Number] African Ceremony African Religious and traditional practices are highly influenced with arts, rituals, performances and festivities. These festivities are either celebrated in the honour of a specific blessing or to protect from any certain harm. However, these communal celebrations are an integral part of African culture. Religious practices in Africa significantly contain social festivities and dancing. These masquerade performances have always been a part of social celebrations in public reunions. One of the most widely anticipated and investigated festival in Yoruba of Nigeria is Gelede Festival. This festival is celebrated in the honour and recognition of the power of women.
However, this festival does not allow African women to perform dance in public spheres and demonstrate their influence. instead men most passionately perform masquerade dance with their wooden masks, and phony breasts and hips entailing costumes. The masquerade dance is supposed to support female spirit and their mystic attributes in African society. Simultaneously, it is believed to enhance communal accord between diverse tribes of Africa, the potential of survival as a tribe, and most importantly the aspect of fertility either in terms of land, cattle, or women. Yet, Gelede festival significantly portrays the influence and inevitable need of women in African society for the sake of progress and harmony (Ray, 79).
Nevertheless, there is one region in Africa which actually allow women to wear wooden masks and dance in the Gelede festival and that is Mende. Mende has its own secret society which is known as Sande and its female members are the ones who wear Sowei and dance masquerade in open. These courageous women return from the dance wearing the Sowei mask, which is believed to entail many moral, spiritual and visual meanings of beauty in general and also qualities of Sande society as well.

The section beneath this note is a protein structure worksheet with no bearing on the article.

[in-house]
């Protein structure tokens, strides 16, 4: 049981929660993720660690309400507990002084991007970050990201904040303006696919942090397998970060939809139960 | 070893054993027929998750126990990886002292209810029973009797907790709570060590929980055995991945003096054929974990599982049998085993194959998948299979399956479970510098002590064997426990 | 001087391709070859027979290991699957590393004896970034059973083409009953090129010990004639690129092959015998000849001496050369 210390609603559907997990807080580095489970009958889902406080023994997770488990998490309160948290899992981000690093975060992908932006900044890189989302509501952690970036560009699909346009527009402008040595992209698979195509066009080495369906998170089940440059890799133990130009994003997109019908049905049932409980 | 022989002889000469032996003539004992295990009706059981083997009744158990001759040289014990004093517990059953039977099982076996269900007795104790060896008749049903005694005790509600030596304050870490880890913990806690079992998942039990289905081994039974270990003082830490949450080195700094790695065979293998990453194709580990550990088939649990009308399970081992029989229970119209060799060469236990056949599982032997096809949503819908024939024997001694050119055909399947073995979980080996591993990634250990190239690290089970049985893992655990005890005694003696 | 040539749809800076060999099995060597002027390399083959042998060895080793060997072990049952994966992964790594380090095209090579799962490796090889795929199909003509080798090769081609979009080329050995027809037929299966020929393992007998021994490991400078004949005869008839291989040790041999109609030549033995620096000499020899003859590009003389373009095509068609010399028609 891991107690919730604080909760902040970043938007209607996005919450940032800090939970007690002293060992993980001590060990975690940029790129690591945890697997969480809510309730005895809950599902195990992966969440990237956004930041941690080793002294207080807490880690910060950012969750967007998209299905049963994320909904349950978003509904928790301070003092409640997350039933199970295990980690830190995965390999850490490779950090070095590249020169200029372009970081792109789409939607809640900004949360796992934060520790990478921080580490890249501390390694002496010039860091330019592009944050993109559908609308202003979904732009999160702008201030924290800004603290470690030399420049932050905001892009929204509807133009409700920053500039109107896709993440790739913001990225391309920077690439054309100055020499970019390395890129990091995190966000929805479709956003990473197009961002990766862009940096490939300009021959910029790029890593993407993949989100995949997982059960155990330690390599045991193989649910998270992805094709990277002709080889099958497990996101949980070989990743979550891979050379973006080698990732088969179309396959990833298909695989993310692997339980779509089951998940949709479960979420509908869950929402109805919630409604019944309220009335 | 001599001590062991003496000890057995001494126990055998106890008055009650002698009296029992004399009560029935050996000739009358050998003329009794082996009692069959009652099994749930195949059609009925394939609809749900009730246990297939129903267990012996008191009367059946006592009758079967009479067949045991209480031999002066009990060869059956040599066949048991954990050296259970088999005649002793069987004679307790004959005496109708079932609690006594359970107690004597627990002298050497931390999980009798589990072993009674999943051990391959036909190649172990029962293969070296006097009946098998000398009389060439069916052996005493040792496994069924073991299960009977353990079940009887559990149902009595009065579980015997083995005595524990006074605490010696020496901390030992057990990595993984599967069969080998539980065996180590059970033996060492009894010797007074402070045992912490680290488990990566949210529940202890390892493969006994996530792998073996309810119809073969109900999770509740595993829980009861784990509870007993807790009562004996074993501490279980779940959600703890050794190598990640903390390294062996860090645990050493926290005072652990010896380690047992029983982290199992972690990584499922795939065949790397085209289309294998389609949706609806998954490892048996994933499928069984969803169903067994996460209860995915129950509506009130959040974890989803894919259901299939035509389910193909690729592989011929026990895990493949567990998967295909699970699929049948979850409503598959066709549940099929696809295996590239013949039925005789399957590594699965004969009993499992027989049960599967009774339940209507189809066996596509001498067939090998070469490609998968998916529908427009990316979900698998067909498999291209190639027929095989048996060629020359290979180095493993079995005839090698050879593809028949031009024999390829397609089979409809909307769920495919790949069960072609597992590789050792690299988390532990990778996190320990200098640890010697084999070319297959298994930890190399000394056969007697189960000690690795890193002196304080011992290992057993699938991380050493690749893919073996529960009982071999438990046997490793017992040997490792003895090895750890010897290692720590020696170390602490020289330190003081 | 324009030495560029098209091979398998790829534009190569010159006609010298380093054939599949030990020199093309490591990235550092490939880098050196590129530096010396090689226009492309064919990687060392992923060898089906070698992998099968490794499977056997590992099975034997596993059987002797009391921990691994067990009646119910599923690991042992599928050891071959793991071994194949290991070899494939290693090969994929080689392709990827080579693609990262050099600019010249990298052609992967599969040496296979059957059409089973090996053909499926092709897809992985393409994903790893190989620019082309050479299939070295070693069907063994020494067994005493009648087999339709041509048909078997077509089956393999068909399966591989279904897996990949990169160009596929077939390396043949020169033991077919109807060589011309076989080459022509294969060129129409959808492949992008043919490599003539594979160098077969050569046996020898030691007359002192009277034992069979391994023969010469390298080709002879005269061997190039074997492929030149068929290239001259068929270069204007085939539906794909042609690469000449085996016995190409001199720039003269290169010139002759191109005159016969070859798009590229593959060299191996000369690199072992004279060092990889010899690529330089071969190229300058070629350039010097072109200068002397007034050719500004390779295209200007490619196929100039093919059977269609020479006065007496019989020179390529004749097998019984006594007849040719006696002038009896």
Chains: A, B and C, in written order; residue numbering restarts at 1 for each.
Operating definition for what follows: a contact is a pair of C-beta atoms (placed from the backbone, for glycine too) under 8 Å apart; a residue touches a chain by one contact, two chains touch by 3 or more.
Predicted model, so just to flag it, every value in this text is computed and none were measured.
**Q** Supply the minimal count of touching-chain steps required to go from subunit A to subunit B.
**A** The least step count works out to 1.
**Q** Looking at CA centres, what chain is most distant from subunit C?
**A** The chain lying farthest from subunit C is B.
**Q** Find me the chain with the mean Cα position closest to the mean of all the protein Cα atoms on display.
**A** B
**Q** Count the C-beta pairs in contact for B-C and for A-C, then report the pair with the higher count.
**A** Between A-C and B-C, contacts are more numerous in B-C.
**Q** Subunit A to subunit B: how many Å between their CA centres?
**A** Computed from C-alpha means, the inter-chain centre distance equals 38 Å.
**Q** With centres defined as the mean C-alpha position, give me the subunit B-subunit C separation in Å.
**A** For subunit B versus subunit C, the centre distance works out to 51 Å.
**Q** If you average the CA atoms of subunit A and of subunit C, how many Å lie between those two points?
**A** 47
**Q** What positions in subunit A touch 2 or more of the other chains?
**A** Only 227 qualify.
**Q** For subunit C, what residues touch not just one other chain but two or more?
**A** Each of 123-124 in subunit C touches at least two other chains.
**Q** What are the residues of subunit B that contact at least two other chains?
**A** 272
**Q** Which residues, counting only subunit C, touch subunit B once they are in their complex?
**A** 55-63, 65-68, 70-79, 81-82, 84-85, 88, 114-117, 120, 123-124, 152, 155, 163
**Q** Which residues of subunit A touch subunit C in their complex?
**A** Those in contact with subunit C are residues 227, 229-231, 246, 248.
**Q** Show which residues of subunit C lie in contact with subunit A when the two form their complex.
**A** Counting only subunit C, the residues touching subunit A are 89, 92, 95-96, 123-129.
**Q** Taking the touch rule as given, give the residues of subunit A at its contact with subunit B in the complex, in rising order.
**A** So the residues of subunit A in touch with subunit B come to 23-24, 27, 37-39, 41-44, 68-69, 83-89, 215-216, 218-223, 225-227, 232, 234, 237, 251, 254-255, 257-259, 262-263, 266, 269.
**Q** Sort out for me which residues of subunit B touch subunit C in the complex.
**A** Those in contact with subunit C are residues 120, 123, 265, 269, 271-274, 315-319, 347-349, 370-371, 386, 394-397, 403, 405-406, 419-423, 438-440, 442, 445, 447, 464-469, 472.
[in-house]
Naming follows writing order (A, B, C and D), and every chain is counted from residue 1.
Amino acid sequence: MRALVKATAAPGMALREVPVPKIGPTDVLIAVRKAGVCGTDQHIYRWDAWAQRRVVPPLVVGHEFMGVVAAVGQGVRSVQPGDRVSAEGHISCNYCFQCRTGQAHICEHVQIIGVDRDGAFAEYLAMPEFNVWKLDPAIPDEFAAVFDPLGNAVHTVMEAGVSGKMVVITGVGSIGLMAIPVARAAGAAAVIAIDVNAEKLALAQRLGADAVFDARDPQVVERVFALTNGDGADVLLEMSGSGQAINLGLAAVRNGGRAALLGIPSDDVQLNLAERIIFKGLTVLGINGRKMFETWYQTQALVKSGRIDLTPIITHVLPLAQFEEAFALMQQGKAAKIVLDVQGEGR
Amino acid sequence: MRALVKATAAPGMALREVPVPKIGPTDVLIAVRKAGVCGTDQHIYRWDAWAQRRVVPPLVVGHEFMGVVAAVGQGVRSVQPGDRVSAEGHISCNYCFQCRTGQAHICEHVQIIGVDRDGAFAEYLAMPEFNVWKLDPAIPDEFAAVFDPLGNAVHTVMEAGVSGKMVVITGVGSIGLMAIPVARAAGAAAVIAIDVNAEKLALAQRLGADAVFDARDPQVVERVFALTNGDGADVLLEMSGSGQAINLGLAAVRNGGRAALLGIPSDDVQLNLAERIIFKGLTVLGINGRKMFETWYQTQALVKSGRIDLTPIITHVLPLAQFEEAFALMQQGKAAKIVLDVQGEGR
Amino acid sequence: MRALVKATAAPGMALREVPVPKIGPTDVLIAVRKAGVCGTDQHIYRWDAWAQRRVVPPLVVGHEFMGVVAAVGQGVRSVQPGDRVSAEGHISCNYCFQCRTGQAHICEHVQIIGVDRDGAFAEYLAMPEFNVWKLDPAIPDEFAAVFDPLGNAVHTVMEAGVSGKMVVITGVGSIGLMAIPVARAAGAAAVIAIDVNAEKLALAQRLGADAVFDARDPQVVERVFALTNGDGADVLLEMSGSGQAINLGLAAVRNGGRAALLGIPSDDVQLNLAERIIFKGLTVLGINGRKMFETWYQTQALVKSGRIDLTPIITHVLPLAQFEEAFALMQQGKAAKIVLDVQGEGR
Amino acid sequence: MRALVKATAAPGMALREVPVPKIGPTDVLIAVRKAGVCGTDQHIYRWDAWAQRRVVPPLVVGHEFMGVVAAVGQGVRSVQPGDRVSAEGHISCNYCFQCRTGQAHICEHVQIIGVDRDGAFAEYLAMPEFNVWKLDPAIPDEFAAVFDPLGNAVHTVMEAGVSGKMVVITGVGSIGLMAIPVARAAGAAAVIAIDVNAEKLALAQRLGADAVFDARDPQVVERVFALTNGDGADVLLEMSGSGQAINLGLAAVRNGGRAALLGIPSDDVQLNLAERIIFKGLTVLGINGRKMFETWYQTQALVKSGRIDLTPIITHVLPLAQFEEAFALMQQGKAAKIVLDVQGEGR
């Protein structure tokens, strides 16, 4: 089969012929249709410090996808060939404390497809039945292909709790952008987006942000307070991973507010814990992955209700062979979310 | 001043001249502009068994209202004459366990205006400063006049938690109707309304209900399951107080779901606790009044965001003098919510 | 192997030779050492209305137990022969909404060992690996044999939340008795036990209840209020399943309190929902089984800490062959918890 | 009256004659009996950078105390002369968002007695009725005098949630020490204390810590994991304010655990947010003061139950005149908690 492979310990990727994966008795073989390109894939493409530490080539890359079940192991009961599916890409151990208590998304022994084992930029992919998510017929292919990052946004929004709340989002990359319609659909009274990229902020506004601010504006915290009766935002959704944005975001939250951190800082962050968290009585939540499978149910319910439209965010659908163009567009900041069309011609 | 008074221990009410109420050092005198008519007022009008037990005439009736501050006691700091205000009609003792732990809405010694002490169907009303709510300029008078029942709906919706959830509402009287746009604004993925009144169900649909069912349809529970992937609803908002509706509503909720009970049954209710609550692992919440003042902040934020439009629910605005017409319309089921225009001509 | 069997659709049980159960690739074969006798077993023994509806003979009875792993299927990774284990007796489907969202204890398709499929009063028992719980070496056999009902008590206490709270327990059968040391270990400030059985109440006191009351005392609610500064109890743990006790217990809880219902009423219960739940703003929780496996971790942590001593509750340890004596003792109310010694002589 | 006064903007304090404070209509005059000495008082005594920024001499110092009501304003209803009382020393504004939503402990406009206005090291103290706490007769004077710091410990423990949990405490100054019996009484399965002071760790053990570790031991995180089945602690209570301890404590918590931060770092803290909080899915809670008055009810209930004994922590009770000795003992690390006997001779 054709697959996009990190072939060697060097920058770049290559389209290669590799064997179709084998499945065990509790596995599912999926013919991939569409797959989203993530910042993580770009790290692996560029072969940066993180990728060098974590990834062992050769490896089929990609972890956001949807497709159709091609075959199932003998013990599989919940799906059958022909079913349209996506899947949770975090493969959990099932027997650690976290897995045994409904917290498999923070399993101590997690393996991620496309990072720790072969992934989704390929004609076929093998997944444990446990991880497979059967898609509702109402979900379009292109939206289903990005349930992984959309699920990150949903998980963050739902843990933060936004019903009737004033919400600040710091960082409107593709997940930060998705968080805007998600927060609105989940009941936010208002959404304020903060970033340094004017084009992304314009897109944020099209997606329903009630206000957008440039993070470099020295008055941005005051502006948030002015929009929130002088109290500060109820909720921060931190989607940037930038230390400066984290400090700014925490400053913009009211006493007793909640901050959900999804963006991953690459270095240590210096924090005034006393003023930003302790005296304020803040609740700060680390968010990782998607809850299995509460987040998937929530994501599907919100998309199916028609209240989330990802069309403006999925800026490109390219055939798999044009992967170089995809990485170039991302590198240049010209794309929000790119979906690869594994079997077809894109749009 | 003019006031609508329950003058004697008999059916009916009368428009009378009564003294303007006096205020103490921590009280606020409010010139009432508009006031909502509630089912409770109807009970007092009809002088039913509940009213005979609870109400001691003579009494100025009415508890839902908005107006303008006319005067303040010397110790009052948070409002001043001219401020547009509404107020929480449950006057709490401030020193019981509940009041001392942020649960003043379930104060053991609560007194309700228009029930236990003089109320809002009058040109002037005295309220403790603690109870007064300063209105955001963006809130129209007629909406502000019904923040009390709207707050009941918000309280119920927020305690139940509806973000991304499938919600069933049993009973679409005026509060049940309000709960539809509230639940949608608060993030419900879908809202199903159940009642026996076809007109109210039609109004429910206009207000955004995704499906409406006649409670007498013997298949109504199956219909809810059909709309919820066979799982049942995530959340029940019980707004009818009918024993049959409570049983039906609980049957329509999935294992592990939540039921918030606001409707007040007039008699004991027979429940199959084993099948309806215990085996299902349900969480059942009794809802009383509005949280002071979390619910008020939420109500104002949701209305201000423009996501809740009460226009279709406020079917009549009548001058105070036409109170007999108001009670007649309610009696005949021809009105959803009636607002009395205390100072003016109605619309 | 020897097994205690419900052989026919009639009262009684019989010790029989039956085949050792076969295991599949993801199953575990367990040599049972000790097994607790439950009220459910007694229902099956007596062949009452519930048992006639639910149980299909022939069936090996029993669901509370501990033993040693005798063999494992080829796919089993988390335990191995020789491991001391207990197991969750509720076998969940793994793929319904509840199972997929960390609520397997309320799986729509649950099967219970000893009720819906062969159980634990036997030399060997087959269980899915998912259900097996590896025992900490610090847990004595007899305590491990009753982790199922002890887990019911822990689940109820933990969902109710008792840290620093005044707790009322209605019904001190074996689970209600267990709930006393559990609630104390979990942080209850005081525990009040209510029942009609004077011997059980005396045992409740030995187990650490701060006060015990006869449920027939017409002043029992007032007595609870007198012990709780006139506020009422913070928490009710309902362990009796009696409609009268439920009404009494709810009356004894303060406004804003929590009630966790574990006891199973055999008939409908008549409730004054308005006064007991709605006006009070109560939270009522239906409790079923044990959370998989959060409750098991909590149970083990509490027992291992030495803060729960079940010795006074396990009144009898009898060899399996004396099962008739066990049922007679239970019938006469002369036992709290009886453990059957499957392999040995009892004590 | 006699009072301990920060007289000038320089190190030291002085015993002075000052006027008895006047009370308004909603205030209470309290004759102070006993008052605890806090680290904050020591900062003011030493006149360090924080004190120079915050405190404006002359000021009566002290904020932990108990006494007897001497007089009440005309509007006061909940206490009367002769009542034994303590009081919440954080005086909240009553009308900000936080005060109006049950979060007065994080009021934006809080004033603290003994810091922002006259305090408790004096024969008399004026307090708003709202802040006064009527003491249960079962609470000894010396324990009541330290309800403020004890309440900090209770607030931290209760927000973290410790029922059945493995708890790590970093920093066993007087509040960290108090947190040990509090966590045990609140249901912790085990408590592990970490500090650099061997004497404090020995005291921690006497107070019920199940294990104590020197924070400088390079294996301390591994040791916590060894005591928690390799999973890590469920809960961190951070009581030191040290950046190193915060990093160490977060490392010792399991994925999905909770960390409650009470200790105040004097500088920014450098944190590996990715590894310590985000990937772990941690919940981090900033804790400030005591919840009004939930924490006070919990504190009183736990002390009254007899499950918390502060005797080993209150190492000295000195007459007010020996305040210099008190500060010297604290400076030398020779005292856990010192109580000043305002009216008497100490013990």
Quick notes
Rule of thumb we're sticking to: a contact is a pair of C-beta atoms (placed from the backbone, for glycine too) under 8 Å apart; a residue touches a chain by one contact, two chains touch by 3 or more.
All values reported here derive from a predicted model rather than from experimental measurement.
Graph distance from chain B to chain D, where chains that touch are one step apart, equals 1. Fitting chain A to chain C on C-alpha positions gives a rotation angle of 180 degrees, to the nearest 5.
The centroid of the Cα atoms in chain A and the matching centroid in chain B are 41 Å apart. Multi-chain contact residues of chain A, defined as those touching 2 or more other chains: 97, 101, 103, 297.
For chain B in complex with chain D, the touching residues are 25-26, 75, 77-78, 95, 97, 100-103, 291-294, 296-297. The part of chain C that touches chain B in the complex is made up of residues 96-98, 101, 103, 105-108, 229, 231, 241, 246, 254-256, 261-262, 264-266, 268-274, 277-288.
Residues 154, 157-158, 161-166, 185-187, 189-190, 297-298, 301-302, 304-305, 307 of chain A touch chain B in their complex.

Every feature of the mask holds a different meaning and significant traits, like different carved hairstyles depict inner contentment of the person wearing it, small mouth depict the moral, religious and ethical values of women to avoid gossip and eventually small ears depict that women of strong character do not surrender to worldly allures of the heart and mind and ignore them by all means. Furthermore, if the wooden mask has an illustration of animal at the top of it, this representation can behold a lot of meanings either it is showing a connection between the dancer and an appreciable animal trait. Like speed, cleverness or fertility, or it shows the link of the dancer with the God or his deceived relatives (Ray, 80).
It is believed that Masks do hold supernatural powers and they can influence the person’s life wearing it, but they are not the core idea of religious festivities, but only a part of it. In Gelede festival, masquerade dances and masks have major contribution, but masks are not supposed to be the centre of attention, but the theme and performance is. which can be any new or old relevant one according to the need and audience of Gelede Festival.
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Ray, Benjamin C. .African Religions: Symbol, Ritual, and Community. Upper Saddle River, N.J: Prentice Hall, 2000. Print.